Everyone can have a role in curing cancer: from patrons, to researchers, to doctors, and even celebrities who lend their faces—and give generous checks—to the cause. At a recent Tower Cancer Research Foundation event, more than 125 players to a swing to benefit the Second Annual Jack Mishkin Memorial Golf Classic. Jack Mishkin was a philanthropist, businessman and an avid golfer whose life was cut short by mesothelioma. He and wife Nancy, the current chairwoman of the Tower board, have helped the foundation raise over $25 million in the last decade.
Here are a series of interviews with some of the participants of this year’s tournament, including Nancy Mishkin, actors Kevin Nealon and Donald Faison, and oncologist Solomon Hamburg, MD. They chatted with ABILITY’s Chet Cooper, Lia Martirosyan and Jeff Charlebois at El Caballero Country Club in Tarzana, CA.
NANCY MISHKIN: NO STRESS
Jeff Charlebois: Do you have anything to do with paralysis research?
Mishkin: Hebrew University is doing unbelievable things. Have you looked them up?
Charlebois: I just sent Chet an article about a trial in England.
Mishkin: I want you to look up Hebrew University and call them. Find out if they’re doing some trials, and if you can be in one.
Charlebois: For years I’ve been reading about rats. I’ll be their lab rat.
Mishkin: Well, let me tell you something about rats. My husband died of mesothelioma. It’s a cancer you get from asbestos, and it’s a death sentence. Most people die right away or 12 to 14 months out. One trial that he was accepted into, it was on phase 2, which means that it’s another step towards 4, which is the best… Jack was accepted, and, as it turned out, he got the real McCoy. We were very excited. Then, about seven weeks in, he got pancreatitis. And then he got colonitis. He was in the hospital for a long time. Because he was cramping in the stomach area so badly, they gave him a drug that Crohn’s disease patients take. And that drug has rat or mice—whatever they’re using from those animals in the drug.
Finally the colonitis got better, the pancreatitis got better, but he was off the trial because it was gonna kill him. And then we found out about another trial back east, because when you have a cancer that kills, you’re praying for a miracle. He was accepted to the trial back east, and we were so excited. But two to three days before we were supposed to leave, we found out he couldn’t take the trial because he took that particular drug.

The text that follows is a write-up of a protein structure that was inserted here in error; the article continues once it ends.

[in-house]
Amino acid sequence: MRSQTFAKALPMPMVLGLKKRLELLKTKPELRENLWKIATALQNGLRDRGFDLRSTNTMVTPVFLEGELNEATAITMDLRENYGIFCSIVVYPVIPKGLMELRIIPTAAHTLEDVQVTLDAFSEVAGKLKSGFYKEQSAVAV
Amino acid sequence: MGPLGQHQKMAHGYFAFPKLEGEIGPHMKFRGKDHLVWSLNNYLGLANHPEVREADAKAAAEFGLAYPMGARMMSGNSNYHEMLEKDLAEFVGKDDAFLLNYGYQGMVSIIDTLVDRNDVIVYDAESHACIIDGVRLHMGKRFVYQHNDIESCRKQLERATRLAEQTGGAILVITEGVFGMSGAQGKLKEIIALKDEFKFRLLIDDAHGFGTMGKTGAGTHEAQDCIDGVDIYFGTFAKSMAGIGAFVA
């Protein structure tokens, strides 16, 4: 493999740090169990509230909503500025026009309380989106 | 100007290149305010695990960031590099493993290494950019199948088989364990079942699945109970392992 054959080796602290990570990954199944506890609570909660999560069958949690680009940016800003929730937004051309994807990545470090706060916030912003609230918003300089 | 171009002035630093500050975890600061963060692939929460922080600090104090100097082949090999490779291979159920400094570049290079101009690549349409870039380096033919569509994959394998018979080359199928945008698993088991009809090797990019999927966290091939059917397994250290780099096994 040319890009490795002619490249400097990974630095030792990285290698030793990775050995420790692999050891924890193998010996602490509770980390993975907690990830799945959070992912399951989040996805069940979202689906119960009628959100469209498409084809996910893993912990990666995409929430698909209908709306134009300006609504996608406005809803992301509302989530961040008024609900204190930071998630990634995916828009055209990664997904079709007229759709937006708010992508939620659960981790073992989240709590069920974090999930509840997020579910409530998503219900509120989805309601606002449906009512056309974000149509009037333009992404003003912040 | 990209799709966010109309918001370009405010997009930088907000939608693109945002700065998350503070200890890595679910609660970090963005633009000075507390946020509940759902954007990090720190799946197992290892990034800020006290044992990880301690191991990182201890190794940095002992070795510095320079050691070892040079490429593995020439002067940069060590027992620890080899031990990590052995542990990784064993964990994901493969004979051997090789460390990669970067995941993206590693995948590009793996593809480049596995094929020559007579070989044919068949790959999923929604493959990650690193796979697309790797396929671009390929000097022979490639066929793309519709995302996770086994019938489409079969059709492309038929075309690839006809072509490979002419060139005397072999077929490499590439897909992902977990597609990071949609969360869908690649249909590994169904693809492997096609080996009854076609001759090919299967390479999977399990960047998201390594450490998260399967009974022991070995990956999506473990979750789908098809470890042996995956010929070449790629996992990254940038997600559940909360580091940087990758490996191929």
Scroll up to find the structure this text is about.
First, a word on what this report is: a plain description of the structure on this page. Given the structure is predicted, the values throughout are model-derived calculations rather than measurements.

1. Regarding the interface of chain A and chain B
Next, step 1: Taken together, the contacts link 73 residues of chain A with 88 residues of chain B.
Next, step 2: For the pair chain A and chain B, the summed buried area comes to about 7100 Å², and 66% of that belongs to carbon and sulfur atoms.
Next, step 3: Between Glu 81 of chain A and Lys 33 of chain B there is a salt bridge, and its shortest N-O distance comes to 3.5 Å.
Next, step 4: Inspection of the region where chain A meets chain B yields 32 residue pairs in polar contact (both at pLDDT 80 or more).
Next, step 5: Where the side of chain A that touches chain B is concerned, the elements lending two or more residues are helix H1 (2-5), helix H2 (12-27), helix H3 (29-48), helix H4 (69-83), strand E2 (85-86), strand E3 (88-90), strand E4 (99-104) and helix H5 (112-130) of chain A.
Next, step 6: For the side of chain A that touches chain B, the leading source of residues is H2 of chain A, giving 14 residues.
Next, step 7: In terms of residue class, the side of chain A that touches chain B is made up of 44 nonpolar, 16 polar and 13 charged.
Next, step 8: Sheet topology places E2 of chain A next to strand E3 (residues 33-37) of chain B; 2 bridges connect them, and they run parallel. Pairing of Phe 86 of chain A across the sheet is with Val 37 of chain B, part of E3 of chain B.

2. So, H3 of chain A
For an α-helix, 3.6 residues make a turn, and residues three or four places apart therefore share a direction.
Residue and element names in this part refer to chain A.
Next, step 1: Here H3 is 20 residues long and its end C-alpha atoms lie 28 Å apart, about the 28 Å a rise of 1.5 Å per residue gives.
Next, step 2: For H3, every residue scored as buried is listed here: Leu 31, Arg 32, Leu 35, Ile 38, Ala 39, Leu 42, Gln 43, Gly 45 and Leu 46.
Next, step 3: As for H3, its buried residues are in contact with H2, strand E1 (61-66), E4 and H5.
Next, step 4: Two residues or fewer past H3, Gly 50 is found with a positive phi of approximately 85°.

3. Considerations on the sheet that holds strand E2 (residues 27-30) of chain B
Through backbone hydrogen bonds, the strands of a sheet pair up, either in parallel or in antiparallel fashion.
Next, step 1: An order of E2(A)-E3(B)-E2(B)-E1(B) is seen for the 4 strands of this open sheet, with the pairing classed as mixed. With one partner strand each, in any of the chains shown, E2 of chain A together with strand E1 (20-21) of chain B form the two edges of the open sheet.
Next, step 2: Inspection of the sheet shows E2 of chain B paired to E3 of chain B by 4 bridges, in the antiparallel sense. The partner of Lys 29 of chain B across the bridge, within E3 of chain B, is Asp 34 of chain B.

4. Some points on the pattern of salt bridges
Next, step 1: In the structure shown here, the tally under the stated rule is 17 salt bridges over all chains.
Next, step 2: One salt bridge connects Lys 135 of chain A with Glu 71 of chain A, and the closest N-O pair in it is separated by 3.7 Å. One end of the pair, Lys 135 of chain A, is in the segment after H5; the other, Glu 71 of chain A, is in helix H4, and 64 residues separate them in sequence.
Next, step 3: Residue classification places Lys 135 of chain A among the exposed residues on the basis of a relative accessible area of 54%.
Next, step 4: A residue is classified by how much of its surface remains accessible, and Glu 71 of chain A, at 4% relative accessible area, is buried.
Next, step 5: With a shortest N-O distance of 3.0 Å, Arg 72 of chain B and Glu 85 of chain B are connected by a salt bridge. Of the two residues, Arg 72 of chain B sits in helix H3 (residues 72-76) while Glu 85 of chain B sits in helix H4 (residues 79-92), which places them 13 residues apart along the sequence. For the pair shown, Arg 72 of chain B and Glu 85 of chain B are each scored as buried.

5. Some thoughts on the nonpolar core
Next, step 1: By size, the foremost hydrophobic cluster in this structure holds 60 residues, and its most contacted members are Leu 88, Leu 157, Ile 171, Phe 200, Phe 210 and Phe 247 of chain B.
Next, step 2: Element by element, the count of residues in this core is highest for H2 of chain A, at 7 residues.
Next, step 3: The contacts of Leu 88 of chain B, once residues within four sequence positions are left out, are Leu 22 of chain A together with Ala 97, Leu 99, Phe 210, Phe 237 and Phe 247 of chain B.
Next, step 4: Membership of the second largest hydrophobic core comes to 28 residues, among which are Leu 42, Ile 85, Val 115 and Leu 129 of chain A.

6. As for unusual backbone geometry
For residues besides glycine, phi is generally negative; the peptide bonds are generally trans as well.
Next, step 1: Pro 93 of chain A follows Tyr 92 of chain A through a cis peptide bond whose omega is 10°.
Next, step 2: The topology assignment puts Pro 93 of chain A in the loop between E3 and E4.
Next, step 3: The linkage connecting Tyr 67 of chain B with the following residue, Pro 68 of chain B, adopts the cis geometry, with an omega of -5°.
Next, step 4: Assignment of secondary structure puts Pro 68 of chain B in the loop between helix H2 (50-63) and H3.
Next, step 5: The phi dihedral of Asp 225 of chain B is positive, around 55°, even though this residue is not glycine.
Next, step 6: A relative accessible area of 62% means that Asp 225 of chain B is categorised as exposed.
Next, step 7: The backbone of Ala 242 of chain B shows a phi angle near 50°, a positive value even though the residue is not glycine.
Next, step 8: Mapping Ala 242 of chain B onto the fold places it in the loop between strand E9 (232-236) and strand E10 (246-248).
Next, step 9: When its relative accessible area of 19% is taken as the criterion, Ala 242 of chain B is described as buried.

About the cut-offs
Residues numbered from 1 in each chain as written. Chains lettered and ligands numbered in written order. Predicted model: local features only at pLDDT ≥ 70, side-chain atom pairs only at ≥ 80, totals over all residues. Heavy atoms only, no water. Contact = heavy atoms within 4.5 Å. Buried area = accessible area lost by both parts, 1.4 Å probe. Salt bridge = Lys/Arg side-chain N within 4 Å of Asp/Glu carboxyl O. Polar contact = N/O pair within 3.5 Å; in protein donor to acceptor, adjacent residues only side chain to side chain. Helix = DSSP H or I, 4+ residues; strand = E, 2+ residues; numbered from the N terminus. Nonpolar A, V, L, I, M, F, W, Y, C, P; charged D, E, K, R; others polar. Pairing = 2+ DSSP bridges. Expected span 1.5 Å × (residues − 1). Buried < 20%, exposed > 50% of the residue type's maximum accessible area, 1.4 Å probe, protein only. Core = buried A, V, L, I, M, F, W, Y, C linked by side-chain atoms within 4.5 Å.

Cooper: Almost impossible to know if you’ve done something to block you from entering a trial.
Mishkin: Right. I was just talking to one of our doctors, and cancer is cunning and baffling, like a lot of diseases are. Someone can have four or five lymph nodes affected and die, while somebody who has 24 lymph nodes affected, lives. Five people have the exact same tumor, and the drug helps one and not the other four. There’s no ‘splaining it, there really isn’t. I don’t know if it’s luck or genes.
With about 80 percent of cancers, the immune system gets turned off [and can’t fight], that’s why we get chemotherapy and all of that, because it helps your body fight the cancer. What we’re doing now is looking at drugs and things that activate the immune system so it can help fight.
Charlebois: We need to get immuned.
Mishkin: (laughs) Yeah. We have to get that immune system working. I’m involved with a women’s group that I founded called the Magnolias. I tell the women all the time, “Listen, guys, it’s all about your immune system. It’s about trying your best to be calm, identifying when you have those feelings, because those feelings turn off that immune system. And you may have multiple sclerosis (MS) in your system, you may have cancer in your system that kind of lays dormant until something—”
Martirosyan: —triggers it.